London Furistists chairman Dr David Wood believes anti-ageing medicine will soon replace disease-focused drugs - and could reverse ageing by the 2040s
Anti-ageing medicine could soon replace cures for diseases as the focus of drug researchers, according to an academic who specialises in predicting future trends.
Dr David Wood, a former technology foresight consultant at Accenture who is now chairman of the London Futurists meet-up group, believes drugs that slow down or even reverse ageing could be available to the public within 25 years.
For centuries, scientists have focused on treating specific diseases but research into anti-ageing has accelerated in recent years in a bid to address the root cause of organ deterioration – with animal testing already providing promising results.
Dr Wood says: “Technology and science will open up new ways of dealing with illness that hasn’t been done before.
“We’ve had a disease-first approach to medicine since ancient history but an ageing-first approach could overtake it.
“It started in the 1980s but the transition could really happen in the 2020s because there’s so many interesting results coming out in this field.”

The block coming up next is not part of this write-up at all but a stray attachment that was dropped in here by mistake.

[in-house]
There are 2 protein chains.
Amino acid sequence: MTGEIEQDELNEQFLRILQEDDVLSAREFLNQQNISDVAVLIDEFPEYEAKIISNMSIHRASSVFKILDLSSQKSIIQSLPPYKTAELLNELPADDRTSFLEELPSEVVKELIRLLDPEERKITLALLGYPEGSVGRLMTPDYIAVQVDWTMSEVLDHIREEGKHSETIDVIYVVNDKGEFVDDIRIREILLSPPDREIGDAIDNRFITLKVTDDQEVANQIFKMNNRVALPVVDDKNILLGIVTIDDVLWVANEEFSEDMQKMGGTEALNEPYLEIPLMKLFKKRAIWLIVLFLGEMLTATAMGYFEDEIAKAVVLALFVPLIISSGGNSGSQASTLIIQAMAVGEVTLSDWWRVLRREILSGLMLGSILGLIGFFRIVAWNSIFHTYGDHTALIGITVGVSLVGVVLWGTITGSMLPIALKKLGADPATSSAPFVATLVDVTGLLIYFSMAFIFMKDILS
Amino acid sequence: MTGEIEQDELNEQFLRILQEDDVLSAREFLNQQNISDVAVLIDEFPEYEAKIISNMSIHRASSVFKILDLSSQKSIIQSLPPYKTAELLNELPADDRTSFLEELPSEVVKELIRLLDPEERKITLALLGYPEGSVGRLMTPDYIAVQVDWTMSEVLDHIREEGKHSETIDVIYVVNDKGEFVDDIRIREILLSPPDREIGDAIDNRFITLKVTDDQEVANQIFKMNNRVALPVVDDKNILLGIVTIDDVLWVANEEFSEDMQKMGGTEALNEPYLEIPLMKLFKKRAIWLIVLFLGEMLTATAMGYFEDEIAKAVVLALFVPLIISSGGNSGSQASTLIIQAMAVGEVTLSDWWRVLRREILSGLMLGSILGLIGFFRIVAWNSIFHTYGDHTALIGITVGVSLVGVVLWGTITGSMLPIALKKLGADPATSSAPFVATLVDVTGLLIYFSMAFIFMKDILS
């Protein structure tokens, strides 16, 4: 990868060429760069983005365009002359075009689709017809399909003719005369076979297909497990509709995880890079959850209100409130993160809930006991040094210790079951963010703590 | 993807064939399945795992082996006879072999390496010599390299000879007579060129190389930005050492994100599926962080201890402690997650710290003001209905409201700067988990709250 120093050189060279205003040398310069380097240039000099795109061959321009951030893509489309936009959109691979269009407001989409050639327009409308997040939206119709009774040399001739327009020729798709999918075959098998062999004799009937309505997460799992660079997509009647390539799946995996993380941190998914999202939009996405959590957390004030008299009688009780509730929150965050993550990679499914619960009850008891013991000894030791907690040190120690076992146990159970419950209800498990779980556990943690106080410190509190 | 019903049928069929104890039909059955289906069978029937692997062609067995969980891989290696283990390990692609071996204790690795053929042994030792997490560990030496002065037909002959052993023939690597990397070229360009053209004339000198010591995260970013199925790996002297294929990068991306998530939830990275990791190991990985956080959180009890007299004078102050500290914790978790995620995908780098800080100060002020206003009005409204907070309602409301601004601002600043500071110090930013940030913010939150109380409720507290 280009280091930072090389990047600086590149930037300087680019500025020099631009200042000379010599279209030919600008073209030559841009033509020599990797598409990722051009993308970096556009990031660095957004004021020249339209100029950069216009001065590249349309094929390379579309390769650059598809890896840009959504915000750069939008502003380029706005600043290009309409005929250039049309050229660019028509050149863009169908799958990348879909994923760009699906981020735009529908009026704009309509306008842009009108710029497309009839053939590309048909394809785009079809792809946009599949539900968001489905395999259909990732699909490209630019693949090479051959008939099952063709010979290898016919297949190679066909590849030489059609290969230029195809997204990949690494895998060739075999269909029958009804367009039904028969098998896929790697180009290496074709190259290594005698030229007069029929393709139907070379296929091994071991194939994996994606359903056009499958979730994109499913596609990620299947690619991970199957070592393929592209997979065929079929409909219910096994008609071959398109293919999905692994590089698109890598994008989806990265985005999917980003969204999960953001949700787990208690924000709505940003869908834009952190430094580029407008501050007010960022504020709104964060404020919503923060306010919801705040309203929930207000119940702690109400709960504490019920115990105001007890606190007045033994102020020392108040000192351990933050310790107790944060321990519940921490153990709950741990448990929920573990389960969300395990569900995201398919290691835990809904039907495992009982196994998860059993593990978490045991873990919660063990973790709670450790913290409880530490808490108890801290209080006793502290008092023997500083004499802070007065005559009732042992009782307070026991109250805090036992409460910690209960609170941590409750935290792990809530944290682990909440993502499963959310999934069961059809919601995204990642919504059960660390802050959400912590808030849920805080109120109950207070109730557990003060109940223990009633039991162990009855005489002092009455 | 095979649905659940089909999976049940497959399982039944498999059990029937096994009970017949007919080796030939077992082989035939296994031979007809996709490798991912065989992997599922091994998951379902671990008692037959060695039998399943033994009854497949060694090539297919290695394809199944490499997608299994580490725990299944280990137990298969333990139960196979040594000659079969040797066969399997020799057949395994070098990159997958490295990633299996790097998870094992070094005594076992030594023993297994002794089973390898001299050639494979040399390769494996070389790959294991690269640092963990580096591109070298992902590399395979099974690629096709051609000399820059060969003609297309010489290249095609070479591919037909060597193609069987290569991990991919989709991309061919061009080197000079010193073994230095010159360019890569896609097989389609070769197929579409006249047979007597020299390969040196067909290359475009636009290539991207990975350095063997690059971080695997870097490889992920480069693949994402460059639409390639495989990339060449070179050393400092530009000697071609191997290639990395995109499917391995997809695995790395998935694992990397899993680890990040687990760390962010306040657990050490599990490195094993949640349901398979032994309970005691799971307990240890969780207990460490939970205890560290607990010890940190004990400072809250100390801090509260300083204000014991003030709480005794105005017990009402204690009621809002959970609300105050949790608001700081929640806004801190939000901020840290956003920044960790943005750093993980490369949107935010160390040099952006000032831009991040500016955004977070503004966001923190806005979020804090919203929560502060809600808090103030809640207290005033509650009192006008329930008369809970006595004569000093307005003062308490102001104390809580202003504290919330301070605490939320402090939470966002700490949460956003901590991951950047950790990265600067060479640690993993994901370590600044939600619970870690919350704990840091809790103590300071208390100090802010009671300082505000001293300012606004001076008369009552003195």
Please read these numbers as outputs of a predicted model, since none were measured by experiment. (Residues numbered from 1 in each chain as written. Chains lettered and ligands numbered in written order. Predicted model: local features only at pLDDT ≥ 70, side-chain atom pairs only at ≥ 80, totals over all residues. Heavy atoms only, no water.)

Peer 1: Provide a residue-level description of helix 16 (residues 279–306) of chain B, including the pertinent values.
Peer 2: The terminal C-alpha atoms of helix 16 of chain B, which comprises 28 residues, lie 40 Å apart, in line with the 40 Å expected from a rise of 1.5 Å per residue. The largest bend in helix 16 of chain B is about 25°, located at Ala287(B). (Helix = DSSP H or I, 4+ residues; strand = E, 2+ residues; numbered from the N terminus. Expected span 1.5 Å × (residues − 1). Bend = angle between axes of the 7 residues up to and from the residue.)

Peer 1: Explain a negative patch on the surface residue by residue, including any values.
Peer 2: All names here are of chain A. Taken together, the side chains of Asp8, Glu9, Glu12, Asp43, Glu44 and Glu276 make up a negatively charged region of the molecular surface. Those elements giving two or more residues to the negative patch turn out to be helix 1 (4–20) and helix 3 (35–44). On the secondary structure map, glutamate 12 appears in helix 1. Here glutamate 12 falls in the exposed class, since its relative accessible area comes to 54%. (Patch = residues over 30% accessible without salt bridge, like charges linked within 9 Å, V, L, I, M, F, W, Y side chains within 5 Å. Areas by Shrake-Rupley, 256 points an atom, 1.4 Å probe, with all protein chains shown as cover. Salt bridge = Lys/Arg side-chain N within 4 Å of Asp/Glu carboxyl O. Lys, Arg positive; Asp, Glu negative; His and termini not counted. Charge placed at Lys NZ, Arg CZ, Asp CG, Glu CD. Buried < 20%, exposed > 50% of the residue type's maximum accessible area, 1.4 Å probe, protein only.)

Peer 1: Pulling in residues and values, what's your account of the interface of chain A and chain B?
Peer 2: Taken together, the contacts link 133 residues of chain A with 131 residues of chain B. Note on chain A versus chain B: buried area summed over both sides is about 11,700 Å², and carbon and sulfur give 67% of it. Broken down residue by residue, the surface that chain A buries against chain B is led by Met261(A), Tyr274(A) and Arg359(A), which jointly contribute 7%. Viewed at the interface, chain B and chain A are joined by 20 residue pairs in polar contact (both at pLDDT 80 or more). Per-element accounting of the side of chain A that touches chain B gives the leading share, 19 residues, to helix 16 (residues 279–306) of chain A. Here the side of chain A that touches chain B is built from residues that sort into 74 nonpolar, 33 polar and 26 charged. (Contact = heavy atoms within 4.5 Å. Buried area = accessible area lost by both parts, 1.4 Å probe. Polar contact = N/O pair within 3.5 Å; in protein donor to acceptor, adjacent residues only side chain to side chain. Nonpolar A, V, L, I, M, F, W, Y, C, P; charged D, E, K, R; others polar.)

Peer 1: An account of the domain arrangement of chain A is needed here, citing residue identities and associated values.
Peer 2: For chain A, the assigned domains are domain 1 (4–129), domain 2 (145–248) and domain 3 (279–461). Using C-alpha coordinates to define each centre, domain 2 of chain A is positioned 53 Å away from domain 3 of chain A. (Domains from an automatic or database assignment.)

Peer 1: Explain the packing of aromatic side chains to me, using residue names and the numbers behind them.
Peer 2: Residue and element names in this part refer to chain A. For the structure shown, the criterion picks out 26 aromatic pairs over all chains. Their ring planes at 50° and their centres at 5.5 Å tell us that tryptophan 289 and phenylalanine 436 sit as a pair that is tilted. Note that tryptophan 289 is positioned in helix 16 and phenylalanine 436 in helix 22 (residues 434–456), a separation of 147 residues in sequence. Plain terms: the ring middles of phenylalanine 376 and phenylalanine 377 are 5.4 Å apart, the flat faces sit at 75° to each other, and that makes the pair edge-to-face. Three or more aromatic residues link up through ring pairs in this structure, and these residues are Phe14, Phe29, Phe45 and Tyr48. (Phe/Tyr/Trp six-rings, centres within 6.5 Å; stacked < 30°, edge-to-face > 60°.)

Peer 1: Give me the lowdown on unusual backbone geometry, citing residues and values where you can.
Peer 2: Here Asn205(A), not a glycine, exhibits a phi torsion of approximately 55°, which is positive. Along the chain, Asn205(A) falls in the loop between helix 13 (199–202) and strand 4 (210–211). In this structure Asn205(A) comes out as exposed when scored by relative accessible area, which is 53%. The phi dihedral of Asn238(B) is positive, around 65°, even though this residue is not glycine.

How healthcare attitudes have changed over time
Throughout history, approaches to medicine and healthcare have evolved, says Dr Wood.
Initially, people with illnesses were associated with immorality and believed to embody characteristics such as gluttony, laziness, anger and lust.
Cures put forward included praying, repentance and good behaviour.
In the 19th century, there was a realisation that bad hygiene had a negative impact on health, with a focus on cleanliness and treating diseases spread by infections with vaccinations and antibiotics.
While science has clearly improved in how treatments are administered, attitudes have largely remained the same in what causes bad health and, ultimately, death.
But Dr Wood believes the next wave of medicine will focus on combating ageing, or bad biology.
Speaking at the GIANT Health Event medtech conference in London last month, he says: “As we live, our bodies lose their youthful vitality. Cells get damaged and we have senescence – the gradual deterioration of functional characteristics.